Walmart to Acquire Last-Mile Solution Provider Parcel

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Walmart Parcel

Walmart just upped its same-day delivery capability with the purchase of the Parcel delivery company.

The mass merchant, which has been experimenting with a raft of e-commerce delivery and pickup options, last week announced it would start offering free, same-day delivery in New York City.

At the time that Walmart U.S. e-commerce lead Marc Lore announced the development, Bloomberg News found the company’s customer service department was unaware the services was forthcoming.

Now with the announcement of the Parcel acquisition, how Walmart will facilitate these deliveries has become more clear.

Parcel currently works with meal kit, grocery and e-commerce companies to provide last mile capabilities. While Walmart intends for Parcel to continue working with these outside partners, the retailer says the New York-based startup will allow it to service New York, the top market for both Jet and Walmart.com.

Parcel automates operations and uses algorithms to route trucks to deliver within two-hour windows and overnight. “Customers’ expectations around delivery and what is possible have changed significantly in the past couple of years,” Nate Faust, senior vice president, Walmart U.S. e-commerce Supply Chain, said via a company blog post. “This acquisition allows us to continue testing ways to offer fast delivery while lowering our operating costs.”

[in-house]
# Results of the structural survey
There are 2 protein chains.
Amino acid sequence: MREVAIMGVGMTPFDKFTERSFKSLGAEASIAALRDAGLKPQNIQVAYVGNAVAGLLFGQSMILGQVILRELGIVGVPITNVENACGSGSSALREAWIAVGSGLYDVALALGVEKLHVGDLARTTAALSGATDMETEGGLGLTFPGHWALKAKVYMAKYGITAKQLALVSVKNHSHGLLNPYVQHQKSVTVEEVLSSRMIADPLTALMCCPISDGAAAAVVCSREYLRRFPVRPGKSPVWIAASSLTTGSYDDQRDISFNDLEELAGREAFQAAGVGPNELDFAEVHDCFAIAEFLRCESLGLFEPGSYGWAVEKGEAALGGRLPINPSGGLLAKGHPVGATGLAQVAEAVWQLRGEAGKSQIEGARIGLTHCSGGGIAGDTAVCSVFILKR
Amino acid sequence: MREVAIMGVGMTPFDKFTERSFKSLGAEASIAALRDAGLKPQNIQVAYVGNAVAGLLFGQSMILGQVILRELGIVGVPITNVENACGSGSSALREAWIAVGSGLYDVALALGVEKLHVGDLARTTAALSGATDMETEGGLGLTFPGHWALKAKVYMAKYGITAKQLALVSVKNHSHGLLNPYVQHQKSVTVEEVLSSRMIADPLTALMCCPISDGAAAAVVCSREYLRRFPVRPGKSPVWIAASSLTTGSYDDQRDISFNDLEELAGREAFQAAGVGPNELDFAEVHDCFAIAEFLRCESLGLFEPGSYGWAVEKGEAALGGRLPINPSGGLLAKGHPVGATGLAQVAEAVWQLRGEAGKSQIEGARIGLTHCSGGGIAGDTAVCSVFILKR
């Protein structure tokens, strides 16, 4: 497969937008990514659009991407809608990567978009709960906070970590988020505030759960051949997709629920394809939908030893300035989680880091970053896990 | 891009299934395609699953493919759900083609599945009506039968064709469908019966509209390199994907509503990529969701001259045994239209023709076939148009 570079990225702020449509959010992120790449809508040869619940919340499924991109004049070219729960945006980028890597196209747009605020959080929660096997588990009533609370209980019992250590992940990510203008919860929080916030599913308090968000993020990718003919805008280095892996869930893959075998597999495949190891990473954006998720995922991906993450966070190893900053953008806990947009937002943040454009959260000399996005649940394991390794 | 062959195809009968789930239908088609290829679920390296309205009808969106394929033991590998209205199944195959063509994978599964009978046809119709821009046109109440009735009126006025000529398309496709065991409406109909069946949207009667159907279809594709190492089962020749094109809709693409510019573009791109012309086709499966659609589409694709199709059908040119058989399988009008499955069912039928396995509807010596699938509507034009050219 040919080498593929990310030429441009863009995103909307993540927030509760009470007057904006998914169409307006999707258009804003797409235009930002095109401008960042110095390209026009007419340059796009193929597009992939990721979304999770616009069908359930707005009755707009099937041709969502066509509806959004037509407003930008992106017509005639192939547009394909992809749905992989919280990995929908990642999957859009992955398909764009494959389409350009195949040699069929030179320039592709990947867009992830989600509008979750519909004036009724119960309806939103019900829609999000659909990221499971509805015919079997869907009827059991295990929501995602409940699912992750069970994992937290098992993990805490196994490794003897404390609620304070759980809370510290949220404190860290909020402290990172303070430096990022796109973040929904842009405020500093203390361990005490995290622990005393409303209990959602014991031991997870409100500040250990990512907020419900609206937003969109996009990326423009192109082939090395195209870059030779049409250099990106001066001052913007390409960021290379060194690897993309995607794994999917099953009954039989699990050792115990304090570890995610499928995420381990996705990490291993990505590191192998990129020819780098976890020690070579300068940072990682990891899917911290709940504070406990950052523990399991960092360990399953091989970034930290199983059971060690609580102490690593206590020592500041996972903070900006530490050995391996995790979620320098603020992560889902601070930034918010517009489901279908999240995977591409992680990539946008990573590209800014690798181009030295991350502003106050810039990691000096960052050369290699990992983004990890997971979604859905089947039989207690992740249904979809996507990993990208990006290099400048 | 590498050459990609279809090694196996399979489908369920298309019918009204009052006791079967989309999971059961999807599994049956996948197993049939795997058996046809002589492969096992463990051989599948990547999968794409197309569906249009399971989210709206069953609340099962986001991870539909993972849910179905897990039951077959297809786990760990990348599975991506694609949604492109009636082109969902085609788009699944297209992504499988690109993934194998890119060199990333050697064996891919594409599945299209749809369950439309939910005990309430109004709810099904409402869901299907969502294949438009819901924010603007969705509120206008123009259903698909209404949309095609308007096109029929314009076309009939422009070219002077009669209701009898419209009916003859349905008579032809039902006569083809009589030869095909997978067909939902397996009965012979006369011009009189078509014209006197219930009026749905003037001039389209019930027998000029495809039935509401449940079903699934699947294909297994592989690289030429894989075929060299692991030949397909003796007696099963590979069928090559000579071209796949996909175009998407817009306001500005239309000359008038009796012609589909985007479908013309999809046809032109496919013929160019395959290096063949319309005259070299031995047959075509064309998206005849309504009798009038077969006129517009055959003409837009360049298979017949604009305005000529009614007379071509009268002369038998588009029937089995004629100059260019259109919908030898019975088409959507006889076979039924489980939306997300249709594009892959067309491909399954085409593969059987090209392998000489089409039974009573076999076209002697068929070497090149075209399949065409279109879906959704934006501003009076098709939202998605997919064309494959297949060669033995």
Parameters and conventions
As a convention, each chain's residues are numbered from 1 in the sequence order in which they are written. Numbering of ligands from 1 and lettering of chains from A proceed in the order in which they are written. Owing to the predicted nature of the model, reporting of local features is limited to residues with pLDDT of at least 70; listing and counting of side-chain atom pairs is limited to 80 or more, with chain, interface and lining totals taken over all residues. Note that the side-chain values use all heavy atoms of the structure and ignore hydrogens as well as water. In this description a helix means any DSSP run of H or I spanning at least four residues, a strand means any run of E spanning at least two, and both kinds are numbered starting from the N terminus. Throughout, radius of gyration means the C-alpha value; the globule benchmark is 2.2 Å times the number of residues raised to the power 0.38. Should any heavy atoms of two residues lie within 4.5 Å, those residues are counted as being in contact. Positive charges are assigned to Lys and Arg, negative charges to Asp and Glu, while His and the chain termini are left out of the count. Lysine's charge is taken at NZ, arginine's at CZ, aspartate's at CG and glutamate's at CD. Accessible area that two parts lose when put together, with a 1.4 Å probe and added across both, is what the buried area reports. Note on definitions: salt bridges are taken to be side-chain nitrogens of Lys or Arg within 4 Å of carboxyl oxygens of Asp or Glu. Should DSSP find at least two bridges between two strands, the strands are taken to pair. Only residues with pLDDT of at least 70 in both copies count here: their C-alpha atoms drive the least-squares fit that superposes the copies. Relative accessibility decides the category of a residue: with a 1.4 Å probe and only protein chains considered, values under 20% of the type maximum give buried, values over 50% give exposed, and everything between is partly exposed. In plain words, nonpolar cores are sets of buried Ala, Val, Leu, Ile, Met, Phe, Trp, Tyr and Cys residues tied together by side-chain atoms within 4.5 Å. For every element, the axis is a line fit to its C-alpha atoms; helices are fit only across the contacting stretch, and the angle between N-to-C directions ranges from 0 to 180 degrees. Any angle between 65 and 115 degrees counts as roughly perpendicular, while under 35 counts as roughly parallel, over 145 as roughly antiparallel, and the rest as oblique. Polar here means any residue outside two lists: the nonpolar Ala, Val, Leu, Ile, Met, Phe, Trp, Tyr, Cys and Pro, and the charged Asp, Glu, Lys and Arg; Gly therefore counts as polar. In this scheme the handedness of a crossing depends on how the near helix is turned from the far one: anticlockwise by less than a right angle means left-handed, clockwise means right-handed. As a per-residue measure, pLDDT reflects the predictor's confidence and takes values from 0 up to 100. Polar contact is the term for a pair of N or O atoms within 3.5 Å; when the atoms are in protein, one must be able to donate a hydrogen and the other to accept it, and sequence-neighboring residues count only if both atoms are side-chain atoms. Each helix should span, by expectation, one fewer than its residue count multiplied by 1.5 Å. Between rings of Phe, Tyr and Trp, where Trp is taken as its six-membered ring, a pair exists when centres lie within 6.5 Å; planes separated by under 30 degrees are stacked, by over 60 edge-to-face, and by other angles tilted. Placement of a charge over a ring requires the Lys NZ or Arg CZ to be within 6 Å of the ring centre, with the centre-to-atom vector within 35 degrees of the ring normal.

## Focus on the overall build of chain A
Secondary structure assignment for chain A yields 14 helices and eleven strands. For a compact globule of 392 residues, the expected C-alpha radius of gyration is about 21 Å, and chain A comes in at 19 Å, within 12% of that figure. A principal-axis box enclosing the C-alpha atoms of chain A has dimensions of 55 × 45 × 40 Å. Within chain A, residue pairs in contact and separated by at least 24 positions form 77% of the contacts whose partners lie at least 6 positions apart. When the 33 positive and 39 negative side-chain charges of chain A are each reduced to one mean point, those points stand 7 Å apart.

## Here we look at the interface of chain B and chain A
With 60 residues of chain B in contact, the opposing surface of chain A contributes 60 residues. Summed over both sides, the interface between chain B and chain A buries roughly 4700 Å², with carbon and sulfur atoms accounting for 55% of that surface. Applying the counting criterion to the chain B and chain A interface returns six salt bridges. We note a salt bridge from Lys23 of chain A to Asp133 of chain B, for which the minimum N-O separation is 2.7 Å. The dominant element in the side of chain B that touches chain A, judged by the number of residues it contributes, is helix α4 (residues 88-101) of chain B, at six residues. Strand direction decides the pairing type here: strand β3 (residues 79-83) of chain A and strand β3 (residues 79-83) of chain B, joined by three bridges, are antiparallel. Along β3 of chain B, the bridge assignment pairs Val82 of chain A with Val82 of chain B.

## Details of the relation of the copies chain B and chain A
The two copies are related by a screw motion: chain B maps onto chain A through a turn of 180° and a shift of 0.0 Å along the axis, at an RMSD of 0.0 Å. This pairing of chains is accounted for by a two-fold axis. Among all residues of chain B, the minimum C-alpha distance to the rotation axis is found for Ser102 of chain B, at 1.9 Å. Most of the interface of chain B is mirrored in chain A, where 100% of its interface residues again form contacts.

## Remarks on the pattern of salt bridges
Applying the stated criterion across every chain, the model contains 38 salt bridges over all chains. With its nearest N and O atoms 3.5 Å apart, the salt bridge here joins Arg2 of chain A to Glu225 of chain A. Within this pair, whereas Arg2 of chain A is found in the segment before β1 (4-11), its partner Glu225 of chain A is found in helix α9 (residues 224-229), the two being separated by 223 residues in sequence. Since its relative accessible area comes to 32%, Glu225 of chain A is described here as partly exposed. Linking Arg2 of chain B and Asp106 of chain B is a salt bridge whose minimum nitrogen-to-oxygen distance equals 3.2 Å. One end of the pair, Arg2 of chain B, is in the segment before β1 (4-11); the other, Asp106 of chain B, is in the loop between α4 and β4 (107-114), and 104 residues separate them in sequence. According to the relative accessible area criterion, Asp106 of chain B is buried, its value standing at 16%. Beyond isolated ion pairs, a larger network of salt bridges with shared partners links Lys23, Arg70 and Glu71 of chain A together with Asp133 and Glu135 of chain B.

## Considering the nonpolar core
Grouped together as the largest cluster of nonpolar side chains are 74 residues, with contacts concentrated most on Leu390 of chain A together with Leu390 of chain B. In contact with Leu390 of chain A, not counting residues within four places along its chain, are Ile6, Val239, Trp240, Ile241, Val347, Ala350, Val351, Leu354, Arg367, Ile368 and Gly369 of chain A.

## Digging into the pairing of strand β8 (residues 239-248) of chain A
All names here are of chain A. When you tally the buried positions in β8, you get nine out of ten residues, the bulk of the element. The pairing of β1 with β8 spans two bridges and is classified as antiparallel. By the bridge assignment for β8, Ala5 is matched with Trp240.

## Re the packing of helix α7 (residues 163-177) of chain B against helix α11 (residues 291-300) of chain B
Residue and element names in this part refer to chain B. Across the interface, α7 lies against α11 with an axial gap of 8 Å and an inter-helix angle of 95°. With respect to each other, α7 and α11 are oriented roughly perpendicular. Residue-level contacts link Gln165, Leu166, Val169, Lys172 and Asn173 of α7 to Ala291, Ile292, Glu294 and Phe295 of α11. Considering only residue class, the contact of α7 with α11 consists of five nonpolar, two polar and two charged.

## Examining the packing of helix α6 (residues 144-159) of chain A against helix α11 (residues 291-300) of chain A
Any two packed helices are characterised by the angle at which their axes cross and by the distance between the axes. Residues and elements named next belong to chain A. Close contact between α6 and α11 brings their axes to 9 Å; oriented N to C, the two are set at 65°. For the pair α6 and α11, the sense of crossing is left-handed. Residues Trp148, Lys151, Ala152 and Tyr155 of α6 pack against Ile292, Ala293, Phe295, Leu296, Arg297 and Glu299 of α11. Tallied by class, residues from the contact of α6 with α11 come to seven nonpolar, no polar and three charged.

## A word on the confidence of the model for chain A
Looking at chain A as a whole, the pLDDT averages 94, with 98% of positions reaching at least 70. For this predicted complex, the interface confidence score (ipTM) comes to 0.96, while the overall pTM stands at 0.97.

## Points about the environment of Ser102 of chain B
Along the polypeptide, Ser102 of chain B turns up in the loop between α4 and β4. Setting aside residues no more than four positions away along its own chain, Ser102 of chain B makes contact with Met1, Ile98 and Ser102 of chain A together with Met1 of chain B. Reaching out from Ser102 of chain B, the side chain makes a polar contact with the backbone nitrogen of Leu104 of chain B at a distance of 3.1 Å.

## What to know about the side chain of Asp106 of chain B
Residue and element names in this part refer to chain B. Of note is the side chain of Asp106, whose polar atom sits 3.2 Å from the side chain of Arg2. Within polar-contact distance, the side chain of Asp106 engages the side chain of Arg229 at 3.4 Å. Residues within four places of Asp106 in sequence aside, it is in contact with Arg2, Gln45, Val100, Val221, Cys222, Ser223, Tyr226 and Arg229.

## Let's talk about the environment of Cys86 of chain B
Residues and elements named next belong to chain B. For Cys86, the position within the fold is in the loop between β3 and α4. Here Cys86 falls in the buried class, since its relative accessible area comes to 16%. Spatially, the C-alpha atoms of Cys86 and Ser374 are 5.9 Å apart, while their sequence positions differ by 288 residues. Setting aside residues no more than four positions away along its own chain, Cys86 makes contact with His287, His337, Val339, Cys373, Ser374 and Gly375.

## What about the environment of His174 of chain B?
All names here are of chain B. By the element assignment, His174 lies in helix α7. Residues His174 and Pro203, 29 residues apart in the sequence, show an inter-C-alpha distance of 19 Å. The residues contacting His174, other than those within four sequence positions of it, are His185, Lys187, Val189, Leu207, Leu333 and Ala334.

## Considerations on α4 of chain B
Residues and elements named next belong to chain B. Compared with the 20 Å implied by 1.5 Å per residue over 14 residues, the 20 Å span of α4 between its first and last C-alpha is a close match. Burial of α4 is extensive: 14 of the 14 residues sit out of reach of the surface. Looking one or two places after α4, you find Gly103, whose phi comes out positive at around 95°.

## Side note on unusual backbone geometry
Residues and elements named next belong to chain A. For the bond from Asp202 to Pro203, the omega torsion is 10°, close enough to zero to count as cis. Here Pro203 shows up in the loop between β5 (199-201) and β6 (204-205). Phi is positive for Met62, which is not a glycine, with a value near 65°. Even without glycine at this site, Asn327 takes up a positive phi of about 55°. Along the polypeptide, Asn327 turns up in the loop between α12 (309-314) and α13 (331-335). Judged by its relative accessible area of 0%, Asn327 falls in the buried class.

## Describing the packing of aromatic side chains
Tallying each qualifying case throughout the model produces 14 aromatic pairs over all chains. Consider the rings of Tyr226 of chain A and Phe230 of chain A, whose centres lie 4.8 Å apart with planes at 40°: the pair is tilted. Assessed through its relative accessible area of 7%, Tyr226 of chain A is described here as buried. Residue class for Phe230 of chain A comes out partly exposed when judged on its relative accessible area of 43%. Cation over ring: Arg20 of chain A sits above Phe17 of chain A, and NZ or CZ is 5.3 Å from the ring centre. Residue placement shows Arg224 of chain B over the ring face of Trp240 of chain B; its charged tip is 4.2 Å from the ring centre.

New York City is also the testing ground for rival Target, which announced plans to purchase Grand Junction in August. Through that company’s technology and carrier network, Target has been testing same-day deliveries in the city’s TriBeCa neighborhood.

As e-commerce sales continue to rise, fulfillment has become the way in which retailers attempt to differentiate themselves—though with each innovation, delivery perks quickly become table stakes as additional retailers find new ways to incentivize purchases.

In January, Walmart did away with its ShippingPass membership in favor of free two-day shipping on two million items on the site. In response, Amazon lowered its free shipping minimum to $35, matching Walmart’s new threshold.

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